African studies in the USSR are at present concentrated in Moscow and Leningrad. The two centers have individual characteristics and, in the case of Africa, fairly defined fields of academic interests. Some introductory remarks on the disciplines concerned and on the general organization of higher studies in the Soviet Union will be relevant, before examining African studies in detail.
Regional studies have developed strongly inside the Soviet Union, first because the living material for such studies is within the confines of the state; secondly because a society which is consciously remolding its future to a specific pattern needs such basic knowledge, and thirdly because of a tradition in and love of the study of popular cultures going well back into the 19th century. Such studies cut across academic disciplines; field work is predominantly undertaken by “complex expeditions” which, to the core of ethnographers, add archaeologists, linguists, folk-lorists, art historians, and sociologists. Ethnography in the Russian sense is mainly concerned with material culture; folklore deals entirely with recording oral tradition and poetry. In a paper read at the VIth International Congress of Anthropologists and Ethnographers in Paris in June, 1960, Professor Tolstov, President of the Institute of Ethnography of the Academy of Sciences, explained the Institute's academic conceptions as follows:-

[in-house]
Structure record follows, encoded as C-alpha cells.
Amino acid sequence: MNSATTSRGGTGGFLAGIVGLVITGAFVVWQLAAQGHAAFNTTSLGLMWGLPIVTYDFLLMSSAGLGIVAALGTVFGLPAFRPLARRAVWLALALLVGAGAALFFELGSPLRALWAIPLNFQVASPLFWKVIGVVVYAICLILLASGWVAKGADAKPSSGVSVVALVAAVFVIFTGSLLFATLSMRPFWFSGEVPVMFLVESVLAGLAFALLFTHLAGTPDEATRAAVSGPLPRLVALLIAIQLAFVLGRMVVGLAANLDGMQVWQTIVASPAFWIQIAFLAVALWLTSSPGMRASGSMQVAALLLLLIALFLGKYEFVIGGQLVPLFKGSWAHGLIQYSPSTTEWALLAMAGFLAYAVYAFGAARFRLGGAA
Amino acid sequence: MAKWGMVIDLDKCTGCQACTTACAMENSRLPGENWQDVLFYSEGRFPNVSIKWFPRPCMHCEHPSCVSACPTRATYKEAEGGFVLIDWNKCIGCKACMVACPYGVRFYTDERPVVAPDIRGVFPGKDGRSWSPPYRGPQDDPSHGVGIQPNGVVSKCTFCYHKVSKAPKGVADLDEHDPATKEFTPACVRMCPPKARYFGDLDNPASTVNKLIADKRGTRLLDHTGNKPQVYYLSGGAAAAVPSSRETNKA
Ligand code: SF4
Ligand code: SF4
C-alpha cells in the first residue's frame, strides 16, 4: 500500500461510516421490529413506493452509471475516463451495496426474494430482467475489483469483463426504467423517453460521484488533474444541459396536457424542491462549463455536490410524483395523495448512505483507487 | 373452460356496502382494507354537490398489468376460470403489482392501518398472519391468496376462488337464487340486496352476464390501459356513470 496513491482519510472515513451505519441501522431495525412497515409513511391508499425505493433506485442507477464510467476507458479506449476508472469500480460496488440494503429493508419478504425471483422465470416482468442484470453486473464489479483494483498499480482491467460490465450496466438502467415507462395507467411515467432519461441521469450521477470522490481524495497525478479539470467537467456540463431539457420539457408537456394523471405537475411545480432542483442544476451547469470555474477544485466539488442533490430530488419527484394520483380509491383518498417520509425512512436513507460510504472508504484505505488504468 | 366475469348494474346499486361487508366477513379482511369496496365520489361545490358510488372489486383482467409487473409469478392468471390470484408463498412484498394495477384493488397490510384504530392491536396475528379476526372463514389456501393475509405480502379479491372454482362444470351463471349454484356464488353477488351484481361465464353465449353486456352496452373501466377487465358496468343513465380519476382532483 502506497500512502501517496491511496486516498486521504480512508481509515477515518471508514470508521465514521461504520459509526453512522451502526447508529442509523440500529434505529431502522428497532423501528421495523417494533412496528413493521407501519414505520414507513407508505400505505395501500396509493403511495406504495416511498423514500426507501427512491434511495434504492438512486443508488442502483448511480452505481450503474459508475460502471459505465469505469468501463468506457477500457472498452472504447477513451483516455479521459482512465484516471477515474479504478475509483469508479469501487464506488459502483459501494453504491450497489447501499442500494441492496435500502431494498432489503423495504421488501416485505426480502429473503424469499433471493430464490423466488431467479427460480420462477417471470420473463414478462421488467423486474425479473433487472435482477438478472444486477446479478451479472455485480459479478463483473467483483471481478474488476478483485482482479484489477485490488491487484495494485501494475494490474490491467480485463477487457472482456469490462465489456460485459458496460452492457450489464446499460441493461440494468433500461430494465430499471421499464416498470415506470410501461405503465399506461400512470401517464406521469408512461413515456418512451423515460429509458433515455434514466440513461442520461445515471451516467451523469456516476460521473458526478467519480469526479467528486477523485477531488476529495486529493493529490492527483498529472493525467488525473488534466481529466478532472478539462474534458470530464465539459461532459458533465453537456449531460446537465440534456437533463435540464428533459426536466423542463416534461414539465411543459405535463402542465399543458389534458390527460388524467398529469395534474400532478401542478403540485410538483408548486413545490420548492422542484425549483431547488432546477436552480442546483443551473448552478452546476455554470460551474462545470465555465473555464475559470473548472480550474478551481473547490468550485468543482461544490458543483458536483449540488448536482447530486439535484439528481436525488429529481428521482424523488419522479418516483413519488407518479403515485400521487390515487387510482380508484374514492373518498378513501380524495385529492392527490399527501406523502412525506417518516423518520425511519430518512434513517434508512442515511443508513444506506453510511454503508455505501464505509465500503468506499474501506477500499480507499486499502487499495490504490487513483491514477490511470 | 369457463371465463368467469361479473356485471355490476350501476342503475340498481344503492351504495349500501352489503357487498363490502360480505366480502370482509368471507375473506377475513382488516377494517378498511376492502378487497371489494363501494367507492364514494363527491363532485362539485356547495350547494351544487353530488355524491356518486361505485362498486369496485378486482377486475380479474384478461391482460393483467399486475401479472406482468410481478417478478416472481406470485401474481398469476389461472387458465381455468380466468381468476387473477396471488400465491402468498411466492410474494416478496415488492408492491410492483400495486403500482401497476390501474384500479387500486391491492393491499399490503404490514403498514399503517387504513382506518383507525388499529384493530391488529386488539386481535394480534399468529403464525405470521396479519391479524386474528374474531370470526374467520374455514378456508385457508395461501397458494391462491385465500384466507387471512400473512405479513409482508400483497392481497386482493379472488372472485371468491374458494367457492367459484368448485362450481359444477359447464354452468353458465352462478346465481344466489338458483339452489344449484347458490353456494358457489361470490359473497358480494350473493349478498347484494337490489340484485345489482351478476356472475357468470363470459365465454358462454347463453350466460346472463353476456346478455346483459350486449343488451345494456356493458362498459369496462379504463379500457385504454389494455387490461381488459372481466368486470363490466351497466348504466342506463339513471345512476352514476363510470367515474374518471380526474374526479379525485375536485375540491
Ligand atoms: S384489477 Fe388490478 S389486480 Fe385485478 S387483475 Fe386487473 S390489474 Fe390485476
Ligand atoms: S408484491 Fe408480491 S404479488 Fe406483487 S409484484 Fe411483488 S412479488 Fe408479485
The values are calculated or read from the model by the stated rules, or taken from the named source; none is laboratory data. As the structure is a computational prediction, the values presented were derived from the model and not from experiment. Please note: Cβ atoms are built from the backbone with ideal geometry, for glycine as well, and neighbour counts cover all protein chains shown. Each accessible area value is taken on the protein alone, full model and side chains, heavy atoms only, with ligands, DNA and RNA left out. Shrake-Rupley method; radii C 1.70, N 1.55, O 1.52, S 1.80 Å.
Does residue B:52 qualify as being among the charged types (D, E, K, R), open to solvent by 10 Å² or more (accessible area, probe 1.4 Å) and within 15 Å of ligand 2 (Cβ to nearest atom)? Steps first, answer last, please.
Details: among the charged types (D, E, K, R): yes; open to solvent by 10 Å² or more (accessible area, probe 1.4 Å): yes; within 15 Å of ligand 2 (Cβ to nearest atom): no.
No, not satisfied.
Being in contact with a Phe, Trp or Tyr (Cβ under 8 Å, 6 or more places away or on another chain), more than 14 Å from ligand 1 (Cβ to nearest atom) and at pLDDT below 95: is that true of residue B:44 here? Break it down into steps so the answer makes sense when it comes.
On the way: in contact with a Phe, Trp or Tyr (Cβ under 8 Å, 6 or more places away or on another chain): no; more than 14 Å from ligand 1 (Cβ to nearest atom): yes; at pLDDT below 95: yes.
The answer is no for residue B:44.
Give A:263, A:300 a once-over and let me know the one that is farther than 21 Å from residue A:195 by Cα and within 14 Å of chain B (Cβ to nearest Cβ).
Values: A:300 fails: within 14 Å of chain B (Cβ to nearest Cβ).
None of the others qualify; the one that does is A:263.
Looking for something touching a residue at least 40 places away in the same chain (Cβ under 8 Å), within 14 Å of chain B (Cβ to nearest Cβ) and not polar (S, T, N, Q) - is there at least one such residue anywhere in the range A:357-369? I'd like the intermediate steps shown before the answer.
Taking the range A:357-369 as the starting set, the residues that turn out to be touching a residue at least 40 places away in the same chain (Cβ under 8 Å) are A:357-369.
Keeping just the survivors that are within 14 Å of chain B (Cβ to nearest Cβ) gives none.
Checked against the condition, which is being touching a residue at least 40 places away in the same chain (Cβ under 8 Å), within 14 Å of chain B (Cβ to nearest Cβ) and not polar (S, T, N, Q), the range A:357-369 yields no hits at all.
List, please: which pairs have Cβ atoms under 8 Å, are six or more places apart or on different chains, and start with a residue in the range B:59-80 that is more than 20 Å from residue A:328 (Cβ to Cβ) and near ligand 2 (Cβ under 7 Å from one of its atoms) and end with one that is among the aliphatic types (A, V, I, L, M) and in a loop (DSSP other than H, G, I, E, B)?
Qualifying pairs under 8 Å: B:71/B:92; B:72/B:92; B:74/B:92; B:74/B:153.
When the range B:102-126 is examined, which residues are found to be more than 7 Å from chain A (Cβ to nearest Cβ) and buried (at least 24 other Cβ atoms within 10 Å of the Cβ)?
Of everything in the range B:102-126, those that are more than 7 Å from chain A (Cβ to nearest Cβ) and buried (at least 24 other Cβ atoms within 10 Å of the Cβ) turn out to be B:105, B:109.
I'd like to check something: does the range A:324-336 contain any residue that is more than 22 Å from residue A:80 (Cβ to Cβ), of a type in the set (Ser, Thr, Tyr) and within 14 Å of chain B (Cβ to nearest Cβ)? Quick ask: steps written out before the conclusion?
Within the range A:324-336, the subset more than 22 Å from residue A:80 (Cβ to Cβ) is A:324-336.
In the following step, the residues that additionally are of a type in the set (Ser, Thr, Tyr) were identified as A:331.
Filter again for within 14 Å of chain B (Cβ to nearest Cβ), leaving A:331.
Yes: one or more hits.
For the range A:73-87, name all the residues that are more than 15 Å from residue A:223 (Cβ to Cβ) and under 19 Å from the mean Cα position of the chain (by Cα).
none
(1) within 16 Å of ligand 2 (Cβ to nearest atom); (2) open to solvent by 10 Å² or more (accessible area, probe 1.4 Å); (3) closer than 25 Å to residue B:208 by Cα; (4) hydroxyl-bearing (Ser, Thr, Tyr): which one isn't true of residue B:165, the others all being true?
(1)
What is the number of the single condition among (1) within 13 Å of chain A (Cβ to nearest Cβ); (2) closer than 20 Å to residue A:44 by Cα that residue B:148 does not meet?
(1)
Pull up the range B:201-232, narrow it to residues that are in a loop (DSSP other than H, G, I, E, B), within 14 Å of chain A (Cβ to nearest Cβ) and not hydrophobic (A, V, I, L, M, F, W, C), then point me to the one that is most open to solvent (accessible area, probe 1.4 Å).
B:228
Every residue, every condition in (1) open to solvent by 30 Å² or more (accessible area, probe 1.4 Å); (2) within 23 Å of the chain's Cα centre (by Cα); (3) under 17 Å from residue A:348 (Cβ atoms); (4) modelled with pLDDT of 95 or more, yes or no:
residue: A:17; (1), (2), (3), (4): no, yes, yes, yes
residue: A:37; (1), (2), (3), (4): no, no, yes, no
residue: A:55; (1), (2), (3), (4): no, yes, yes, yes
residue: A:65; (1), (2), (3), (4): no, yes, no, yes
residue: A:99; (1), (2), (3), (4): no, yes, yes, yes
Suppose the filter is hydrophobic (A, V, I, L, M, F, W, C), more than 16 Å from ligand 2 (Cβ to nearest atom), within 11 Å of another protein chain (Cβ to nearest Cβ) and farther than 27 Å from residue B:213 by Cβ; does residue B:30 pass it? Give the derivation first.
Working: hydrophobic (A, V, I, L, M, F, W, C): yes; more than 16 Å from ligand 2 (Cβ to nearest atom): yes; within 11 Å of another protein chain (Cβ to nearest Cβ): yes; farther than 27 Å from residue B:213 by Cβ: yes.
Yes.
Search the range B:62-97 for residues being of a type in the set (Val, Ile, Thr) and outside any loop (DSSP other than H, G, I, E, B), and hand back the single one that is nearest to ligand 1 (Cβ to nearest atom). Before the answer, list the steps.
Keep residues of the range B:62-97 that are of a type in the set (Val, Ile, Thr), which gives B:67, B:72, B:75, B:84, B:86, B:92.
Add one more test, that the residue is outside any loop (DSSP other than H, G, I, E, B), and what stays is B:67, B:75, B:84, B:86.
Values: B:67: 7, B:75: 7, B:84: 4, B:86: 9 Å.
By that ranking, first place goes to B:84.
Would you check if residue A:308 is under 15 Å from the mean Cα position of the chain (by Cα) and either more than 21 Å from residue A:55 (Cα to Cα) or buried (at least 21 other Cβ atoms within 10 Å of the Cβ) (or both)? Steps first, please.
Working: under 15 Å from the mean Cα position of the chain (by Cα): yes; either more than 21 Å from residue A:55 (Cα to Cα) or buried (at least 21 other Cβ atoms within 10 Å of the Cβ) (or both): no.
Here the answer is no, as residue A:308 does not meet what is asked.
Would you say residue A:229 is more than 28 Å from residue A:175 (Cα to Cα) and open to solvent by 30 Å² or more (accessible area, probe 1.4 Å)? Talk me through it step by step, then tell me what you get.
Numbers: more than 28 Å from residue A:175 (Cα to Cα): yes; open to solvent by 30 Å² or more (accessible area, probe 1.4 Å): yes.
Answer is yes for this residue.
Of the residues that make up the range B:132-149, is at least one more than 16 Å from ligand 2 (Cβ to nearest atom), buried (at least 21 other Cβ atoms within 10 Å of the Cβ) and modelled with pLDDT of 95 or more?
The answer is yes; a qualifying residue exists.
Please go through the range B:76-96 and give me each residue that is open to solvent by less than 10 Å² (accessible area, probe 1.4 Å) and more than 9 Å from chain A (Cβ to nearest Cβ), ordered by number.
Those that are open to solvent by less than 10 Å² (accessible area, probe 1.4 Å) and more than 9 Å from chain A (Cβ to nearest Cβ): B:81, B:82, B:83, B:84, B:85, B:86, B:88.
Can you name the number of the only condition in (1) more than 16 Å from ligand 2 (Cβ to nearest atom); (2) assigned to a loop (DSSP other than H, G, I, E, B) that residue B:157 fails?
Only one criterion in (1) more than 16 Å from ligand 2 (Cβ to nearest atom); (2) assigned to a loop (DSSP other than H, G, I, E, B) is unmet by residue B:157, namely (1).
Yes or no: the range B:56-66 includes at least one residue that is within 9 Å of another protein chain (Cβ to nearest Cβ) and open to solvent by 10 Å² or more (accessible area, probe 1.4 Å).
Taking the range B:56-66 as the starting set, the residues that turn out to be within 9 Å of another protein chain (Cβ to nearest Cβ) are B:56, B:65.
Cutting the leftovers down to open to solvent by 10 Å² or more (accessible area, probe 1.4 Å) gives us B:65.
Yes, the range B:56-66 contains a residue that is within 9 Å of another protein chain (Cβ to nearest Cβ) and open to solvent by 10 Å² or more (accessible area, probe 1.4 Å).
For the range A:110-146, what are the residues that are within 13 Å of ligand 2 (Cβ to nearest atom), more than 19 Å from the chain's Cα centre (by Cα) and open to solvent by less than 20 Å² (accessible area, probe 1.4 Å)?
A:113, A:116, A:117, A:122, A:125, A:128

“If one can call economic geography the bridge between geography and economics, then ethnography can be called the link between geography and history. We see ethnography as a complex of academic disciplines which branches outward from a core of ethnography proper”.